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Canine Degenerative Myelopathy:
From Gene Mutation Discovery to Clinical Trials

Degenerative myelopathy (DM) is an inherited, adult-onset disease of the spinal cord causing progressive weakness and paralysis of the hind limbs and eventually all limbs. DM has clinical, histopathologic, and genetic parallels to amyotrophic lateral sclerosis (ALS - Lou Gehrig's disease) in humans.

Mutations in an enzyme that converts superoxide to water and hydrogen peroxide, superoxide dismutase 1 (SOD1), have been linked to DM and human ALS. These discoveries have guided studies to further understand the natural history, establish biomarkers, and initiate clinical trials for therapeutic strategies.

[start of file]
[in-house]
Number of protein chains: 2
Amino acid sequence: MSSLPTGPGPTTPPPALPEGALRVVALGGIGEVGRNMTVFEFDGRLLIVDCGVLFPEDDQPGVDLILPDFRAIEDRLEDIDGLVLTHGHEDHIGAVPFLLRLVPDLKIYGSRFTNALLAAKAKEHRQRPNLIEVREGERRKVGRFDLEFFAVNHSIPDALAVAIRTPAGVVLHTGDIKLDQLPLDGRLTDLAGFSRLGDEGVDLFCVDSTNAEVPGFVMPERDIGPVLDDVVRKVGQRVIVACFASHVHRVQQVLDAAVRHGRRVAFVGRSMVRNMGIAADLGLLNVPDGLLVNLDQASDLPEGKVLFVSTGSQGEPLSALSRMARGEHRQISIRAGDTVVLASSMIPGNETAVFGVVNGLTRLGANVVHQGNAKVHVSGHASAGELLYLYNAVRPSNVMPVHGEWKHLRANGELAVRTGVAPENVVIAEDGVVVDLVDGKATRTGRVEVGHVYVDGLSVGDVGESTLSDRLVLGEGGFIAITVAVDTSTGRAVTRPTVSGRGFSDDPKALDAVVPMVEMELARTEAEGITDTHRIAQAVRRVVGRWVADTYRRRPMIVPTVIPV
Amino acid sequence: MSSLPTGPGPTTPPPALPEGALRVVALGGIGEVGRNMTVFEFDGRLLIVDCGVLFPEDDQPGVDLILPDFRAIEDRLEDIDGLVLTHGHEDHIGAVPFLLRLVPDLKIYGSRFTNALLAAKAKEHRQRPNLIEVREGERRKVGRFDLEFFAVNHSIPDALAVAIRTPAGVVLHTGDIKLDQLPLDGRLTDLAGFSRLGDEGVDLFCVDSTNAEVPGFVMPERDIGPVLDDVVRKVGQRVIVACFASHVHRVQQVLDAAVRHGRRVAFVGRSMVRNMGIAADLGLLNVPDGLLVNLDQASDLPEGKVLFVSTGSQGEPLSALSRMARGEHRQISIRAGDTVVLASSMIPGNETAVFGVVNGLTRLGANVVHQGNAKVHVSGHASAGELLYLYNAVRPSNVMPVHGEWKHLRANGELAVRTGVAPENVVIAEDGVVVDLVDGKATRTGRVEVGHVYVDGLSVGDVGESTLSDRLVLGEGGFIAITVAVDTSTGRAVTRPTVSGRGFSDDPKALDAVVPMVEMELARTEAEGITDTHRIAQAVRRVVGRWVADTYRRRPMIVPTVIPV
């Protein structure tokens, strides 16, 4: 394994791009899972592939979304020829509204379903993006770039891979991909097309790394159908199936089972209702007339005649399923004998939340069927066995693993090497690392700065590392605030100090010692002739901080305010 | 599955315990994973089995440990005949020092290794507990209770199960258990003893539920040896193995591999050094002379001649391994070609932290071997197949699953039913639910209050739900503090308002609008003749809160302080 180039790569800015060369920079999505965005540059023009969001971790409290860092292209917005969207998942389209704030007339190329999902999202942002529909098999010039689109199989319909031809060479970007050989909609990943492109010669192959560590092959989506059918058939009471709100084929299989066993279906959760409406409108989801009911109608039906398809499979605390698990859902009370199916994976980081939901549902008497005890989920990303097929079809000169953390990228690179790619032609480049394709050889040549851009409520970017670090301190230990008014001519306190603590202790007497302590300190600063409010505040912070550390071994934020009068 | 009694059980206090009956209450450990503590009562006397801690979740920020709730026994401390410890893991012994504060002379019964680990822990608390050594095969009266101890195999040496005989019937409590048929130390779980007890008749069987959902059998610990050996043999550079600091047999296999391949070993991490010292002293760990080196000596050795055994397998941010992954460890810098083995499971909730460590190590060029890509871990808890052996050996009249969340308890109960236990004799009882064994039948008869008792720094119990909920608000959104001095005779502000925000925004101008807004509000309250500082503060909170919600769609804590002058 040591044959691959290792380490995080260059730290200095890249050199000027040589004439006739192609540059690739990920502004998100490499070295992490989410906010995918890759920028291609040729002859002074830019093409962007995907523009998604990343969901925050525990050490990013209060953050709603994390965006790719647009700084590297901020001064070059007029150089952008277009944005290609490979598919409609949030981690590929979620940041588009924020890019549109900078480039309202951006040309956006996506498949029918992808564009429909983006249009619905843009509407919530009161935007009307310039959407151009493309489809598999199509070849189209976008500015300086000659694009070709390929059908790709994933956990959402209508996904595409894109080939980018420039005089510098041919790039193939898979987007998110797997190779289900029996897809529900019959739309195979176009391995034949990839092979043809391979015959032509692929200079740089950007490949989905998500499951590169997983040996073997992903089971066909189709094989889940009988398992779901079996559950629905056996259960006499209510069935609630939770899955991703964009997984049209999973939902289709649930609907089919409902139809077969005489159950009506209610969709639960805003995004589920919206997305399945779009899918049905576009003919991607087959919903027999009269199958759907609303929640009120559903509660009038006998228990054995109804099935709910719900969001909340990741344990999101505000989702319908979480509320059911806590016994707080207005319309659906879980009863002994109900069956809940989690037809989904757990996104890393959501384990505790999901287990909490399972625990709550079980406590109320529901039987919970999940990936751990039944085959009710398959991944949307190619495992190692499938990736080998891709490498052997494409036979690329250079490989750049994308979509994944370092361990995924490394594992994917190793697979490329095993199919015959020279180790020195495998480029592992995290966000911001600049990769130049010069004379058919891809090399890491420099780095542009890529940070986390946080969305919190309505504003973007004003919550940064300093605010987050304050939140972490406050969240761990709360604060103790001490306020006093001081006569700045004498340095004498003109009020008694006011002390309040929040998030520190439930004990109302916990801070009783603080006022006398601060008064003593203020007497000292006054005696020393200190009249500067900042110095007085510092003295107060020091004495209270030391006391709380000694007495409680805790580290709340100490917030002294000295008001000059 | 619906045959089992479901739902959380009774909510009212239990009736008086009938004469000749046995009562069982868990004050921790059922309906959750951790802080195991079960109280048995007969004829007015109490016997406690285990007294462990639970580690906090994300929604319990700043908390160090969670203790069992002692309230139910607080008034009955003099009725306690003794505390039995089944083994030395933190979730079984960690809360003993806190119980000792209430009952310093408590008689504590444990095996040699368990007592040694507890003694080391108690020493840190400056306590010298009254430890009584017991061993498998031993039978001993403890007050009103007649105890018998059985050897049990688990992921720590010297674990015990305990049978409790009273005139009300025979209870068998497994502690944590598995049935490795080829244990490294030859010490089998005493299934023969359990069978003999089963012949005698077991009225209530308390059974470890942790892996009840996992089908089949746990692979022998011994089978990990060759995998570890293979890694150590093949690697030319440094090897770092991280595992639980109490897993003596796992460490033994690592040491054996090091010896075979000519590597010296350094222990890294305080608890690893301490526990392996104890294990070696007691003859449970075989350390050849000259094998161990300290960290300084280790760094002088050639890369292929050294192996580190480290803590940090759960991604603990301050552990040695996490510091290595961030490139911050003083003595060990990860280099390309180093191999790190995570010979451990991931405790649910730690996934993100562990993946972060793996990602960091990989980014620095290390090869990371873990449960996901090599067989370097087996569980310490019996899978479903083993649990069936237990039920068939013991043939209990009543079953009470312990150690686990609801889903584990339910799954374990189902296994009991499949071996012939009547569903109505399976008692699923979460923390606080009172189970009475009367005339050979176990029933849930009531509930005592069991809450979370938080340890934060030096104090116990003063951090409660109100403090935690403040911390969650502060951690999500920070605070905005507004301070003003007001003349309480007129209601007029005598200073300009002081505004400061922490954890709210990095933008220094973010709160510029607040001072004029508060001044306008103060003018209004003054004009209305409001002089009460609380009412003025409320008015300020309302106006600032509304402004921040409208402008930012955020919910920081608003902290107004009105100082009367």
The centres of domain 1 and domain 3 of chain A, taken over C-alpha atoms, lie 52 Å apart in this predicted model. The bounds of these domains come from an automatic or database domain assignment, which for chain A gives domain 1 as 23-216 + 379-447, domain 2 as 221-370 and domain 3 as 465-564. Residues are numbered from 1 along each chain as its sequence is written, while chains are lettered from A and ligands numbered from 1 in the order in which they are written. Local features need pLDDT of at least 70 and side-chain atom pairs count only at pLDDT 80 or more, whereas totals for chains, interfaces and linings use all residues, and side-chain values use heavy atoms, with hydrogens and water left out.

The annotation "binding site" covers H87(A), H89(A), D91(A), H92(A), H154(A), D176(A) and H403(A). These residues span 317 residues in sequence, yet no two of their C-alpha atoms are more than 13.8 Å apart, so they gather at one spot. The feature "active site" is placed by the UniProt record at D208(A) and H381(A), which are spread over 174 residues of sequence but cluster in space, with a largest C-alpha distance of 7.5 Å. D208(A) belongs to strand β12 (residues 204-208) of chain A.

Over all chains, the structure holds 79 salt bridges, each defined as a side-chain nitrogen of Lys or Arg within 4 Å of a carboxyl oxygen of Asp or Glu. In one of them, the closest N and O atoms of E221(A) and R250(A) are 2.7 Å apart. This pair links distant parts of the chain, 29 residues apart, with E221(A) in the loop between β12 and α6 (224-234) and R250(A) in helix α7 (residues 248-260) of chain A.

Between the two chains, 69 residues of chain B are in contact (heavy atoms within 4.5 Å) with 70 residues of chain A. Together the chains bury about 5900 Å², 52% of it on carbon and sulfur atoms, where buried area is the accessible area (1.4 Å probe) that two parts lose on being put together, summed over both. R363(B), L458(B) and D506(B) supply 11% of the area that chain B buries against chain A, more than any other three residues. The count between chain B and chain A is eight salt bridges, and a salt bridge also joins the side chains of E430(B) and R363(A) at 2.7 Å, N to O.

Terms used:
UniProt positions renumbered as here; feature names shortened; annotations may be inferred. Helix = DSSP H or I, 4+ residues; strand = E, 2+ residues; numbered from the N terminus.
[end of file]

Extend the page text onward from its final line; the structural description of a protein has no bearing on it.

View this presentation in which Dr. Joan R. Coates, DVM, MS, Diplomate ACVIM (Neurology) provides for a better understanding of DM including:

  • Genetic testing results as a risk factor for canine degenerative myelopathy
  • The neurologic progression in affected patients in terms of disease spread and changes in neuroanatomic localization
  • The pathophysiology of the mutated SOD1 protein and its consequences in the multifactorial pathogenesis of canine degenerative myelopathy
  • A platform of clinical trial designs and their potential applications in veterinary medicine
 

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